We then arrive in ancient Rome, with “Nero’s Lyre” - originally released as an extended length single of the same title. In this composition, featuring once more, the beautiful just intonation of antiquity, I attempted to recreate the famous fabled lament the notorious Emperor Nero was alleged to have played on his lyre as he sang “The Sack of Ilion”, whilst he witnessed the Great Fire of Rome in 64 CE...

My exploration of the recreation of the lost music of ancient Rome continues with my composition “Ode to Ancient Rome”. This piece originally featured as track 1 of my album of the same title. My album “Ode To Ancient Rome” also features the beautifully pure just intonation of antiquity.

“Sacred Flame of Vesta” is another track to have originally featured in this album. Vesta was the Roman goddess of the home & hearth. The sacred flame of Vesta burned in Vesta's circular temple, built in the Roman Forum below the Aventine Hill in pre-republican times. The Vestal Virgins formed the priesthood, specifically dedicated to serving the goddess...

"The Temple of Mars", originally featured in my earlier album, "Echoes of Ancient Rome". This album features 7 original compositions for lyre in a selection of authentic ancient musical modes. The compositions on this album were mainly inspired by the Temples of Ancient Rome. Mars was the Roman god of war...


This compilation closes with a selection of my more meditative, contemplative compositions for solo old Lyre...

“Realm of the Ancestors” is a unique duet of lyre & harp, featuring harp accompaniment by the talented folk harpist, Rebecca Penkett. This piece featured on my album “Ancient Vibrations”.

“Magic of the Ancients” originally featured in my album “Apollo’s Lyre” – an evocation of the ancient mystery & sacred rites of the Shaman.

“Ancient Lyre Strings” was first released as an extended length single. In this piece, my lyre is tuned in just intonation, featuring my lyre strung with natural fibre strings of wound silk, for a unique ancient-sounding timbre.


1. Echoes of Ancient Ugarit (Hurrian Hymn Text H6 c.1400 BCE Arranged For Solo Lyre in the Just Intonation of Antiquity)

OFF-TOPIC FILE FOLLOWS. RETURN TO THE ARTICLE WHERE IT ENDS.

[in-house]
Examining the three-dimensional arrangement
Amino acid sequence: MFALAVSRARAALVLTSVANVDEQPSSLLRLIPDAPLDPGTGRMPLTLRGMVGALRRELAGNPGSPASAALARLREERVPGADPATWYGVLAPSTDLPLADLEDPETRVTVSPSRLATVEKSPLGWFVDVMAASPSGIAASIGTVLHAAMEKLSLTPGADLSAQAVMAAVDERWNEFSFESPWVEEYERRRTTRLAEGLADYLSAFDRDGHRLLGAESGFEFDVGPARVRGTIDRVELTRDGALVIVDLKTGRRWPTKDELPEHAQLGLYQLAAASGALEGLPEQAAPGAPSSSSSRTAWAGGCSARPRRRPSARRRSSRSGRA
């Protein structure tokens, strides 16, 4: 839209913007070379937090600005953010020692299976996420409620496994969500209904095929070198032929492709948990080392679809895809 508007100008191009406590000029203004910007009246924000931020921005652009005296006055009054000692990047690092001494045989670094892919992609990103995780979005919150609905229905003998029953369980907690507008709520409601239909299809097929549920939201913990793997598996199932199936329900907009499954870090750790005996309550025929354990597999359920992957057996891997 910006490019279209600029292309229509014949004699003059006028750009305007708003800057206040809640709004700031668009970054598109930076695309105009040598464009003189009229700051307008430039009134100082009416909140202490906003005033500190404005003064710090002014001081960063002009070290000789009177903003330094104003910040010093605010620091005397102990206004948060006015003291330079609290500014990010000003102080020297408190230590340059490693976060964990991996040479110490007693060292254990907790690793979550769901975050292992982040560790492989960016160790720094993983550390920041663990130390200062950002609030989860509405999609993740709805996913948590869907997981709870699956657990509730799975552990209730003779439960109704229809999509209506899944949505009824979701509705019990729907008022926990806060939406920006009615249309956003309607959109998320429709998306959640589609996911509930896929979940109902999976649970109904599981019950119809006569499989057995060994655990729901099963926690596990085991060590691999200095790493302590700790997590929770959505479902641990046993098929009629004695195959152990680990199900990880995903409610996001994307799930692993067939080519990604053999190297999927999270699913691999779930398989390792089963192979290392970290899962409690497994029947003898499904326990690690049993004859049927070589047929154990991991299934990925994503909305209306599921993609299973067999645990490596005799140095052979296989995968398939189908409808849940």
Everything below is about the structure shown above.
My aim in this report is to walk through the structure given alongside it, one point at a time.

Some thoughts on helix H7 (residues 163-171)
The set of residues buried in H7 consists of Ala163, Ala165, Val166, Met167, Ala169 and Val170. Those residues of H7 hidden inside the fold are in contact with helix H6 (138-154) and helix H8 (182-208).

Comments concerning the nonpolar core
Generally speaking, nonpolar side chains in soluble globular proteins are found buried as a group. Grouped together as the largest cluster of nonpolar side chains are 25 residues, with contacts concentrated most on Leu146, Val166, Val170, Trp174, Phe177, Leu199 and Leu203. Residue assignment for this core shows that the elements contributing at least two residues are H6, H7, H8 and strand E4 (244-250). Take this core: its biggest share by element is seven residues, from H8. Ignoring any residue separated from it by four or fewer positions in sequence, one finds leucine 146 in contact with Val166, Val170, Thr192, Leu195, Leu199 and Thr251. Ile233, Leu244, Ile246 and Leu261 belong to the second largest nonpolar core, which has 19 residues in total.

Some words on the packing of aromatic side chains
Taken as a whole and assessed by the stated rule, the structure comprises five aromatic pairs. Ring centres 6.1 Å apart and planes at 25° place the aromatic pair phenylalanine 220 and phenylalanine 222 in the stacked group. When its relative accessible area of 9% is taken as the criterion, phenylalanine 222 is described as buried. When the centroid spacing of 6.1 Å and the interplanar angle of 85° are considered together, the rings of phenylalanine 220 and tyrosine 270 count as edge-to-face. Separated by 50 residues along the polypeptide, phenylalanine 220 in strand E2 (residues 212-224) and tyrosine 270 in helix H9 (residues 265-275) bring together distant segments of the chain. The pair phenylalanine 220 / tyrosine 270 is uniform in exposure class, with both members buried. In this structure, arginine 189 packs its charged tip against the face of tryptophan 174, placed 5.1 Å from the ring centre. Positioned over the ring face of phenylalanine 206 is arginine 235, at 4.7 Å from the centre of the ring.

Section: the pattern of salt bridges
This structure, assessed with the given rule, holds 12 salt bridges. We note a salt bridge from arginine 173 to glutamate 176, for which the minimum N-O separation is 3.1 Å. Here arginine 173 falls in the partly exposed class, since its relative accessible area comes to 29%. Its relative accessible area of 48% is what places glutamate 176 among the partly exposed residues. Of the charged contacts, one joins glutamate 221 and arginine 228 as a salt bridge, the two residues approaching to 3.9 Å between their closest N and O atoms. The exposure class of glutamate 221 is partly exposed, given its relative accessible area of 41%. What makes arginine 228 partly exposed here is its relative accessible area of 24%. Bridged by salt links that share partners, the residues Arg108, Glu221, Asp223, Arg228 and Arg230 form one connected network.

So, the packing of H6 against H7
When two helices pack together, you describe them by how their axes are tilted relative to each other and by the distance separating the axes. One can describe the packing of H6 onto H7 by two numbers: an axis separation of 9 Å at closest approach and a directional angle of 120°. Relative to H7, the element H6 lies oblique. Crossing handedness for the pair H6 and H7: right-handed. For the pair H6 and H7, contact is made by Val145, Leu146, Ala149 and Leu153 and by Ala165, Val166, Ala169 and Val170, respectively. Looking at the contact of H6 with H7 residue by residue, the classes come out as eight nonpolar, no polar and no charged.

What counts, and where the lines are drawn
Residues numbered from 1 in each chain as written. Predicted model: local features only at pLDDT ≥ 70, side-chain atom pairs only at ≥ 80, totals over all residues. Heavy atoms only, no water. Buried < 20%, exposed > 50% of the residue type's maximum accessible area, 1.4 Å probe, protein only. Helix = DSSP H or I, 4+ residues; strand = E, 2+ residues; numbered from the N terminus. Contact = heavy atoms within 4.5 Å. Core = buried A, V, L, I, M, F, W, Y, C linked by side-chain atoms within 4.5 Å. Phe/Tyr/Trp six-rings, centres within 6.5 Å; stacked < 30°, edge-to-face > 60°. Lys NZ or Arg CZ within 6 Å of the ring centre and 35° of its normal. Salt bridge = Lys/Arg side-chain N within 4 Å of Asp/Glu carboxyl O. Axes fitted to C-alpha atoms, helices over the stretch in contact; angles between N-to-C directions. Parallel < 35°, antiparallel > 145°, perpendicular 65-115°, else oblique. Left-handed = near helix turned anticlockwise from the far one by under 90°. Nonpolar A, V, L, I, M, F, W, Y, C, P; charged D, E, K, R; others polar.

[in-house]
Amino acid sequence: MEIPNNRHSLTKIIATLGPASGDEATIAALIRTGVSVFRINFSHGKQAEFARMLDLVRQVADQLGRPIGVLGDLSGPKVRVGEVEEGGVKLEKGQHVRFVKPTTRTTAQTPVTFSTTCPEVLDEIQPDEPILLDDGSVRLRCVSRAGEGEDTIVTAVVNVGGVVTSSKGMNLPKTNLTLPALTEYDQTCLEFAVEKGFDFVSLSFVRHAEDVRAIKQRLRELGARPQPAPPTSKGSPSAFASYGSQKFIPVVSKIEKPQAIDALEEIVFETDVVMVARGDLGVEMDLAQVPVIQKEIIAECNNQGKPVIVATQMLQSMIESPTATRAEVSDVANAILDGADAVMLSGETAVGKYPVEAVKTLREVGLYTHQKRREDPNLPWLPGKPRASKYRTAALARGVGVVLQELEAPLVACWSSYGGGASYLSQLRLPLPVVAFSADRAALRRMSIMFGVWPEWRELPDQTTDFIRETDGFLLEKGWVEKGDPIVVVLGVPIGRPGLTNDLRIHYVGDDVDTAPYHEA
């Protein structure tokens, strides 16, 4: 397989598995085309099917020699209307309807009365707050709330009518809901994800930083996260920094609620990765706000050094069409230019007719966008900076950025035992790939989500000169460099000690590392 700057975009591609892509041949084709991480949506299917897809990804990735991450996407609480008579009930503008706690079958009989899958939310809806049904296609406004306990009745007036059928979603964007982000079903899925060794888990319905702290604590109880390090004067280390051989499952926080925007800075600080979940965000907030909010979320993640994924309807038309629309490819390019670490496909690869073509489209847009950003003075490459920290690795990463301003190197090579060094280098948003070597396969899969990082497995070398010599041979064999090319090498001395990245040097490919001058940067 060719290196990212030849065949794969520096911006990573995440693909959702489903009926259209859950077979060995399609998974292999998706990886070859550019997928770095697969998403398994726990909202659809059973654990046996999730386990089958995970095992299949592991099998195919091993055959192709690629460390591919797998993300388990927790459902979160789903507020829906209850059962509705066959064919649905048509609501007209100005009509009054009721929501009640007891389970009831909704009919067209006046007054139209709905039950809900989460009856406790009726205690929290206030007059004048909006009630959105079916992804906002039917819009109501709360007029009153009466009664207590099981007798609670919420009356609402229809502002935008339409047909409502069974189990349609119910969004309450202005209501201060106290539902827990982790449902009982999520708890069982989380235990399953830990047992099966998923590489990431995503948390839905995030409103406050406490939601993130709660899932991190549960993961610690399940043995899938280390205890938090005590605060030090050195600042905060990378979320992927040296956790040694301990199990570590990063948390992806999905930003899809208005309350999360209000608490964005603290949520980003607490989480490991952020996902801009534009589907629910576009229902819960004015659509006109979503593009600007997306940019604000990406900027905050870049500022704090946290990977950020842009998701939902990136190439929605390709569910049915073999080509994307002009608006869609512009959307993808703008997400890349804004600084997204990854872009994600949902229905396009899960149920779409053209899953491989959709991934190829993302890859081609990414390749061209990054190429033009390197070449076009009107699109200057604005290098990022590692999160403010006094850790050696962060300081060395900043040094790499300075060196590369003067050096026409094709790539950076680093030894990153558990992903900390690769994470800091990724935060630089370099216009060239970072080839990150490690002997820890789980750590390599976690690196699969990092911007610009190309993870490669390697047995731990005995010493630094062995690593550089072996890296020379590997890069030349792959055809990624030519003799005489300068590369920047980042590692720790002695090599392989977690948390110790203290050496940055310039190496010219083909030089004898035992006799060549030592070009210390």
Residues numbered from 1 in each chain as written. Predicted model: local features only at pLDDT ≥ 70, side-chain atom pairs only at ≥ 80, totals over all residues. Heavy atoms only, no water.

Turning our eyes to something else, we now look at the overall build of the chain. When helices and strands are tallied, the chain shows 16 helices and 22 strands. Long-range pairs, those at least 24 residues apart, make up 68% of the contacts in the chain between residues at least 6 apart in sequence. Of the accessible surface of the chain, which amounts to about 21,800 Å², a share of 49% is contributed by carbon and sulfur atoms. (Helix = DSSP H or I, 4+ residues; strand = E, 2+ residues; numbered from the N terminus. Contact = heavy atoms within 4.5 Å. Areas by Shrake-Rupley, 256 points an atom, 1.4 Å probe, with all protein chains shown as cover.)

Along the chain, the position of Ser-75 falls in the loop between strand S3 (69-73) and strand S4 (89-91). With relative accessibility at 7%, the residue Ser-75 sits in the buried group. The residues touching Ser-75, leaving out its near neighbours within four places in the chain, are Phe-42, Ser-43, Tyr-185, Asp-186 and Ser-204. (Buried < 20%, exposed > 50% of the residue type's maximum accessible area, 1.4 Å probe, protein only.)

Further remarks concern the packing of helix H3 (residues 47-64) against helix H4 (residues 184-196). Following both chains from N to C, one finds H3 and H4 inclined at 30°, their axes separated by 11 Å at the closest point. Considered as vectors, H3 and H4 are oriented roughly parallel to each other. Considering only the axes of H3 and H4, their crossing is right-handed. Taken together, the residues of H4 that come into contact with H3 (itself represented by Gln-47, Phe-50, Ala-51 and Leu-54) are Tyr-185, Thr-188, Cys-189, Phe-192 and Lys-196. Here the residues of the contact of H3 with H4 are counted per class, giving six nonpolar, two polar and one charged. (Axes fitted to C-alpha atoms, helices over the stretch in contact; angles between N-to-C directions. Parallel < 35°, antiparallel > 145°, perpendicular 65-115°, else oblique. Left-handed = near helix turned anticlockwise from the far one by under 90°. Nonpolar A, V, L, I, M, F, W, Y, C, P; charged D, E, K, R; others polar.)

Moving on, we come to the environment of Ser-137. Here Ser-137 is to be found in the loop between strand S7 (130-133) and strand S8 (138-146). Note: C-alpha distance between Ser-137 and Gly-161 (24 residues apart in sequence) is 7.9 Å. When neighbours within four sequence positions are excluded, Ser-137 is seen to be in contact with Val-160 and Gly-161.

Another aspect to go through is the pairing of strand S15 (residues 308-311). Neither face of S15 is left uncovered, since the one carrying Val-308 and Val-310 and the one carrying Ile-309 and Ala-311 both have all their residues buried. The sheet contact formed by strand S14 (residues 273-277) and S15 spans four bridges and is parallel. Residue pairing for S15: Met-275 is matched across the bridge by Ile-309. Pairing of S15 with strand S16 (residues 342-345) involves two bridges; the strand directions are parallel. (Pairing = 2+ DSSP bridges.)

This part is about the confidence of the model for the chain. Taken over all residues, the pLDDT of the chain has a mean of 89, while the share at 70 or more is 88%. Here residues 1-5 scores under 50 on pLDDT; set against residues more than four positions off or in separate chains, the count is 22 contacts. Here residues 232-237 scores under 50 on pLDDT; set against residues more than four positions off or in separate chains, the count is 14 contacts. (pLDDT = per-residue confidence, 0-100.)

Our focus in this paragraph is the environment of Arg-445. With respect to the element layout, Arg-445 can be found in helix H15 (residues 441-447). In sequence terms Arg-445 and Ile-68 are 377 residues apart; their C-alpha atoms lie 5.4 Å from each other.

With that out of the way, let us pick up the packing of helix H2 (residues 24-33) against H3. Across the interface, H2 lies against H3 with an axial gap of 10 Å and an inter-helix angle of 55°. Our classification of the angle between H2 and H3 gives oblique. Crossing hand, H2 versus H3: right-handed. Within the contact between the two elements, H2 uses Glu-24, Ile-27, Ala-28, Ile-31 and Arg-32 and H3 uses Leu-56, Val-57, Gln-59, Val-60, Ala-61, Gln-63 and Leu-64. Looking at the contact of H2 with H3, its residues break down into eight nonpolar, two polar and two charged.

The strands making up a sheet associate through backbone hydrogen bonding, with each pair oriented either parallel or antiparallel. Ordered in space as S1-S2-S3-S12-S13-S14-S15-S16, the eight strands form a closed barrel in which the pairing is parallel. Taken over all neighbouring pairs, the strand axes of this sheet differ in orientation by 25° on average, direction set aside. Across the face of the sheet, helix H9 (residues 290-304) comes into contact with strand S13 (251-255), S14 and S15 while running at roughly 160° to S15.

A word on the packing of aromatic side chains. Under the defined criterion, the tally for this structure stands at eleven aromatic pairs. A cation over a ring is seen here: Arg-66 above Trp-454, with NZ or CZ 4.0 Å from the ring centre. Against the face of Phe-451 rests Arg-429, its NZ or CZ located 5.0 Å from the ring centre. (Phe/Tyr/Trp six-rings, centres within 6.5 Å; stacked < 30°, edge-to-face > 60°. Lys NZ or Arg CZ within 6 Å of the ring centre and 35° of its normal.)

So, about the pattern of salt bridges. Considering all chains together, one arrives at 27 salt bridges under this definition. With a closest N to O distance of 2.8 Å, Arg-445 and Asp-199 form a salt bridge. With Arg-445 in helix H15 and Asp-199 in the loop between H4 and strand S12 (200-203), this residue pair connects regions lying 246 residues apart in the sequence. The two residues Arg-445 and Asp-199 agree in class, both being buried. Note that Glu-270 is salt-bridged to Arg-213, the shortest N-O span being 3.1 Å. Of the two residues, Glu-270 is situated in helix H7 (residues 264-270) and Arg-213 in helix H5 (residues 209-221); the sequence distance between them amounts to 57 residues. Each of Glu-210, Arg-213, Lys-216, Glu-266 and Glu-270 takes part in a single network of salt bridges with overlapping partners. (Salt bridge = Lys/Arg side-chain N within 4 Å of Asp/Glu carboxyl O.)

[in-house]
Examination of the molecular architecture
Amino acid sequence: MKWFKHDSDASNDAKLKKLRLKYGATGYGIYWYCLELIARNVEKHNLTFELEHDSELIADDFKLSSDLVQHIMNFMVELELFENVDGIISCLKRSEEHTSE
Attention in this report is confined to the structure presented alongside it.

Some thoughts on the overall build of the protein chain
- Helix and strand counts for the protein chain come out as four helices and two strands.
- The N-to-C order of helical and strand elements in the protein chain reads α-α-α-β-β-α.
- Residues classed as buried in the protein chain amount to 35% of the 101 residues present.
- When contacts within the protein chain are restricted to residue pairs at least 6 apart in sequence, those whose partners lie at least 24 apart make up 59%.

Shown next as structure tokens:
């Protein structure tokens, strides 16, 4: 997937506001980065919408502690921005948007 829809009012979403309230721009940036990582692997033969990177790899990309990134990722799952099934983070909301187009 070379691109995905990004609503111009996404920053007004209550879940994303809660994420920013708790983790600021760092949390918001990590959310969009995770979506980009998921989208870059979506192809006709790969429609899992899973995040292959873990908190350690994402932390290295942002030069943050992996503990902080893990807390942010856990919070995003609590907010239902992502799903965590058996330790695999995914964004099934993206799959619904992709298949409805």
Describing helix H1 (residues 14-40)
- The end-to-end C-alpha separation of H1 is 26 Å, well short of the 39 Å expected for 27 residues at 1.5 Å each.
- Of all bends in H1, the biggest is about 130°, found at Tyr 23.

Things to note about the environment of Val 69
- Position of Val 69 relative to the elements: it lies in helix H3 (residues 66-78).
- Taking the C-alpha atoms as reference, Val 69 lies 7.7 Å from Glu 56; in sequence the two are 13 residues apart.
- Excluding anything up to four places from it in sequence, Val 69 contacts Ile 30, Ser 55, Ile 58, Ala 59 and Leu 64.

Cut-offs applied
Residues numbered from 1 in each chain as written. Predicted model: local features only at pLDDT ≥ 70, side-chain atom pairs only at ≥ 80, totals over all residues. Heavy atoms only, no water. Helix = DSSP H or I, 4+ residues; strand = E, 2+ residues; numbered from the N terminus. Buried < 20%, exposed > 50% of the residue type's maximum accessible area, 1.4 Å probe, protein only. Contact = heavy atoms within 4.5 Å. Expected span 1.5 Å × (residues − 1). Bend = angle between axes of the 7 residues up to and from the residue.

2. Ancient Harps of Kemet (Original Composition for Archaic Arched Harp)
3. Awe of the Aten (Original Composition for Archaic Arched Harp)
4. The Tablets of Moses (Composition for Solo Lyre - Based on a Traditional Klezmer Melody)
5. Exodus of the Israelites (Composition for Solo Lyre - Based on a Traditional Klezmer Melody)
6. Orpheus’s Lyre: Lament For Solo Lyre in the Just Intonation of Antiquity
7. Ode to Aphrodite (Original Composition for Solo Lyre in the Ancient Greek Hypodorian Mode)
8. Spirit of the Kithara (Original Composition for Solo Lyre in the Ancient Greek Dorian Mode)
9. Ode to Athena (Original Composition for Solo Lyre in the Ancient Greek Hypodorian Mode)
10. Vapours of Delphi (Original Composition for Solo Lyre in the Just Intonation of Antiquity)
11. The Battle of Thermopylae (Original Composition for Solo Lyre in the Ancient Greek Dorian Mode)
12. Nero’s Lyre (Original Composition for Solo Lyre in the Just Intonation of Antiquity)
13. Ode to Ancient Rome (Original Composition for Solo Lyre in the Just Intonation of Antiquity)
14. The Temple of Mars (Original Composition for Solo Lyre)
15. Sacred Flame of Vesta (Original Composition for Solo Lyre in the Just Intonation of Antiquity)
16. Magic of the Ancients (Original Composition for Solo Lyre)
17. Realm of the Ancestors (Duet for Lyre & Harp Feat. Rebecca Penkett)